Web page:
Sunday February 26, 2012
What leap will you make?
By SOO EWE JIN
Impact upon the lives of others by using the extra 24 hours this year in a meaningful way.
FOR most of us, today is a day of rest. But for our fellow citizens in the states of Kedah, Kelantan and Terengganu, Sunday is actually the first day of their working week.
There is no common weekend in Malaysia, so terms like “Monday blues” or “Thank God it’s Friday” take on a different meaning when you are in a different state.
On Jan 1, Samoa, the South Pacific nation that used to be the last place on Earth to see the sun set, hopped over the International Dateline and instantly became the first country to see the sun rise.
Samoa told the world a change was necessary because the country – which used to trade mainly with the United States and Europe – was increasingly focused on commercial dealings with Australia and New Zealand. So being in the same time zone helps.
I wonder if you remember what happened on Dec 31, 1981, when at 11.30pm, all of us in the peninsula adjusted our clocks and watches by 30 minutes to march straight into Jan 1, 1982, and thereby match the time in use in Sabah and Sarawak.
Even Singapore had no choice but to make the adjustment since it would be rather odd if it had a different time from Kuala Lumpur.
As you can see, time and dates, at least the ones designed by humans, can always be changed and adjusted.
And the reason I am bringing this up is that this Wednesday is Feb 29, a once-in-four-years occurrence that gives an extra day to February.
The extra day in a leap year is necessary for us to keep our calendar in alignment with the Earth’s revolution around the sun, which is actually 365 days and about six hours long. We humans may count everything in whole numbers but the celestial bodies have their own timeline.
And so we have all been blessed with an extra day this year. What shall we do with the extra 24 hours?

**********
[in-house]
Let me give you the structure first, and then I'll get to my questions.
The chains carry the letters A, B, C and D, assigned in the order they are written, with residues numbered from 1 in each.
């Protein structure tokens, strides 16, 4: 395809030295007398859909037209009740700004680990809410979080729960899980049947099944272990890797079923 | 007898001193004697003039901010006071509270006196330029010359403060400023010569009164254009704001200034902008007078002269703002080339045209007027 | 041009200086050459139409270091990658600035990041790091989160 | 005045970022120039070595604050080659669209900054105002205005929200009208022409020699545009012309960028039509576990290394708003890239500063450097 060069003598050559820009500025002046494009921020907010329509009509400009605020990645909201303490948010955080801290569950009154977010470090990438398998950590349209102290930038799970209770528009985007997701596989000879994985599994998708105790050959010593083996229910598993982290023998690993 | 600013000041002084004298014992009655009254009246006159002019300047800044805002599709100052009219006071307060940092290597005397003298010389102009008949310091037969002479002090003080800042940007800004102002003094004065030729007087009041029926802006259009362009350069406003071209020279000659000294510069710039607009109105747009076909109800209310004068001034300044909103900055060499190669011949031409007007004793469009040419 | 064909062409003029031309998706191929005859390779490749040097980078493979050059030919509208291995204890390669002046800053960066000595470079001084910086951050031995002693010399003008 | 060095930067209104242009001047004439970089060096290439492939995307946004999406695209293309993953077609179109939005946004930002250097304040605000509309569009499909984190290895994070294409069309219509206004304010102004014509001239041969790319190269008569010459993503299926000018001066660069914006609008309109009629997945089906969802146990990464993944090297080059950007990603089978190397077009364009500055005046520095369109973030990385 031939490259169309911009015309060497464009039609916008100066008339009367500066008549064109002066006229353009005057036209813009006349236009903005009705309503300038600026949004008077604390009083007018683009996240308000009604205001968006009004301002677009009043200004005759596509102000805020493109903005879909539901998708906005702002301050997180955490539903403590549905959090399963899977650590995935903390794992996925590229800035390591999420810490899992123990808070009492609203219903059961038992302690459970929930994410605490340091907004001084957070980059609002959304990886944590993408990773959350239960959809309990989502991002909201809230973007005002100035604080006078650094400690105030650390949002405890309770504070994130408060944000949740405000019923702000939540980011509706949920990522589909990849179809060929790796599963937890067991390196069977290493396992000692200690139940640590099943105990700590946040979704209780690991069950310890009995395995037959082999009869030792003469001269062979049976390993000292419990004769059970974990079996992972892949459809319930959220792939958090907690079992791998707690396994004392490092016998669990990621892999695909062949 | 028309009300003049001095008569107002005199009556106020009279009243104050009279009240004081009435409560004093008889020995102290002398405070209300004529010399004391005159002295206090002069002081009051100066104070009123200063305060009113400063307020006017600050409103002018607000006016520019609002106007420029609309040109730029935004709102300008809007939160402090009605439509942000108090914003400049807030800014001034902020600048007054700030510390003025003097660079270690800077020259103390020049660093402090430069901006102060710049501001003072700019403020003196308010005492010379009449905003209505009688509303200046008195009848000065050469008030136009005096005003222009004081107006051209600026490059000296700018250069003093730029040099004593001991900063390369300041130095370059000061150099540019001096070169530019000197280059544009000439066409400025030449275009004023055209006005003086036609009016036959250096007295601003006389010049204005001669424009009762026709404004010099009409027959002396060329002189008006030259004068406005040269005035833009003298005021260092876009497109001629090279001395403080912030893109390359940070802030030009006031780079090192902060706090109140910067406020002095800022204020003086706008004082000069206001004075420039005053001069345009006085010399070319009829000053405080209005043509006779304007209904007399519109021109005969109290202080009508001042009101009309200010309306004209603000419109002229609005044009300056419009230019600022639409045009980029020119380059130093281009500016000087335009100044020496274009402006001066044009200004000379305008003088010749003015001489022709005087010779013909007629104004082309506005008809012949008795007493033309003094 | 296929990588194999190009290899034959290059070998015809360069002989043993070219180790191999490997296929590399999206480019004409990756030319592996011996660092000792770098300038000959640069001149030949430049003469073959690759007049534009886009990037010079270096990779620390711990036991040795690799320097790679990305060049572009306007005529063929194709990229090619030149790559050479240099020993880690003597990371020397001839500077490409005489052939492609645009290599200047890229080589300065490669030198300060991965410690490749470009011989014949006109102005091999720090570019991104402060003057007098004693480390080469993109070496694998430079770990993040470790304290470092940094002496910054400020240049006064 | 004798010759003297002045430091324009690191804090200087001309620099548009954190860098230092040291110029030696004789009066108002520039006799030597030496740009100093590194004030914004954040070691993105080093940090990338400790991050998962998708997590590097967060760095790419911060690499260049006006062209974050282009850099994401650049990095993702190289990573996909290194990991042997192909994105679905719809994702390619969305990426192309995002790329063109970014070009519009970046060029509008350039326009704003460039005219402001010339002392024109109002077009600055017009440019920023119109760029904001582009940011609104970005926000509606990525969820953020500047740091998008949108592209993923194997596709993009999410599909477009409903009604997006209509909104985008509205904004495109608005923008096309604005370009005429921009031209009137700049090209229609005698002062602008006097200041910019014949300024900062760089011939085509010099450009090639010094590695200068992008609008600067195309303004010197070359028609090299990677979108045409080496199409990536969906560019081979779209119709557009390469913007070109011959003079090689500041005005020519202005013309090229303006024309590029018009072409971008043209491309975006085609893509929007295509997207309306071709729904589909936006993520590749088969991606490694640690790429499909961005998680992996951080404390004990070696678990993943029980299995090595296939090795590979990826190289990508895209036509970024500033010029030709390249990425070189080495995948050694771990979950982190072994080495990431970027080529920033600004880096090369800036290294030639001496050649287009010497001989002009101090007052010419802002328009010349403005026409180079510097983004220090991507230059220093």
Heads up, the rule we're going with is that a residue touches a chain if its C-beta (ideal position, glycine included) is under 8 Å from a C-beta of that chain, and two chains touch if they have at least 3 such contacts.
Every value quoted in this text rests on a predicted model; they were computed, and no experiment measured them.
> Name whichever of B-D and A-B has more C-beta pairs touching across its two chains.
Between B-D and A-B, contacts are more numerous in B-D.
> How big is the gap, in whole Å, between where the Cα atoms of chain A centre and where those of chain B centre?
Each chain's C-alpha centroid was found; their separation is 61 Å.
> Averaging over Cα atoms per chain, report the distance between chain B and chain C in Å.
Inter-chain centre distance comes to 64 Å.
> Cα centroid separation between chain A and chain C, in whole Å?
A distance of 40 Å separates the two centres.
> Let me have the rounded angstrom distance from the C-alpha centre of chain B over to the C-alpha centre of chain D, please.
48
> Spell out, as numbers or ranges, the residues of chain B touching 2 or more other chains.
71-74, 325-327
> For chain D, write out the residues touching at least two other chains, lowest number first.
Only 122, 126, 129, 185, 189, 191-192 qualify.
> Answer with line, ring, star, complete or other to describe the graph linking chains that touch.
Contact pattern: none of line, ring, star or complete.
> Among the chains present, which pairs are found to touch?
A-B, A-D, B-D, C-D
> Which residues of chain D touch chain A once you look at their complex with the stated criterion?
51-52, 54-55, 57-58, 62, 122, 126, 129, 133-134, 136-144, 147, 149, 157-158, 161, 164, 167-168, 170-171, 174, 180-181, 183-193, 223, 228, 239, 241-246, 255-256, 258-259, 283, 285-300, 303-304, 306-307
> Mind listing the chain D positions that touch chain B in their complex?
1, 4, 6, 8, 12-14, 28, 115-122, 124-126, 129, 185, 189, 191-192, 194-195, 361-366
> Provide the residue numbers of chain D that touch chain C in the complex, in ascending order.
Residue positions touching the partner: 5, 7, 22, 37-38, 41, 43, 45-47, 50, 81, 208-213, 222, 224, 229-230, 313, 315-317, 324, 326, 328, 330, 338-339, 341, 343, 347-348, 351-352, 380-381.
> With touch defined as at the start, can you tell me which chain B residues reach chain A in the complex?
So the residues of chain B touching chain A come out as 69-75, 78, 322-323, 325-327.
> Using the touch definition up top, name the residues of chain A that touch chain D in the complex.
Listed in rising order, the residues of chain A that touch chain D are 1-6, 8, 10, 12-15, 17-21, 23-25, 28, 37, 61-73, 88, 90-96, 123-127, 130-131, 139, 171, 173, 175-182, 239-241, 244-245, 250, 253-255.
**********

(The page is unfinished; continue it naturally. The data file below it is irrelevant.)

I have a suggestion: How about if we do things we do not usually do and add up the time as credit minutes or hours until we reach 24 hours?
We can spread out these “leap-year actions” throughout the year and see how they add up.
> Register to vote (30 minutes): For those who are still procrastinating, take a trip to the post office and sign up. You may even make it for the upcoming general election.
> Get to know your state assemblyman and Member of Parliament (one hour): Seriously, give them a call and let them know how you think they are doing. Hold them accountable and remind them your one vote counts.
> Use public transport (two hours): Leave your car at home and experience what the ordinary people have to go through using the LRT, bus and taxi.
> Take the office boy out to lunch (90 minutes): So you are a senior executive, but that should not stop you from taking the office boy to lunch on his birthday. And please take him to a nice restaurant, not just the coffee shop where he usually eats.
> Volunteer at a centre for special children (three hours): Helping a child with learning disabilities can teach you valuable lessons on love and patience.
> Go fly a kite (one hour): If you have children, this may be easy; but even if you don’t, why not head to the nearest park and relive your childhood?
> Learn to listen (two hours): The reason God gave us two ears and one mouth is so we can listen more and talk less. Visit a friend in hospital but instead of dispensing advice, hold her hand and just listen to her.
> Write a letter to a loved one (one hour): No SMS, no e-mail, no Facebook, no Twitter, but good old-fashioned snail mail in your own handwriting.
> Plant a tree (30 minutes): The shopping mall can survive without you for a little while, and you can probably save some money as well.
> Say thank you (one minute): Leave a thank you note on your postbox for the postman.
You get my drift?
Sometimes, we need to do things ourselves to experience the whole kaleidoscope of life, which is truly about how we interact with one another. And interaction is not only among our immediate circle of family, friends and colleagues, but even with those we connect with briefly.
Lives have been changed because of that one moment. Imagine how many lives you can impact if you use the extra 24 hours this year in a meaningful way.
Deputy executive editor Soo Ewe Jin’s suggestions only take up 12 hours and 31 minutes if fully implemented. He is glad that his column last week prompted a reader to channel his RM500 BR1M entitlement to Grace Community Services to support their good work.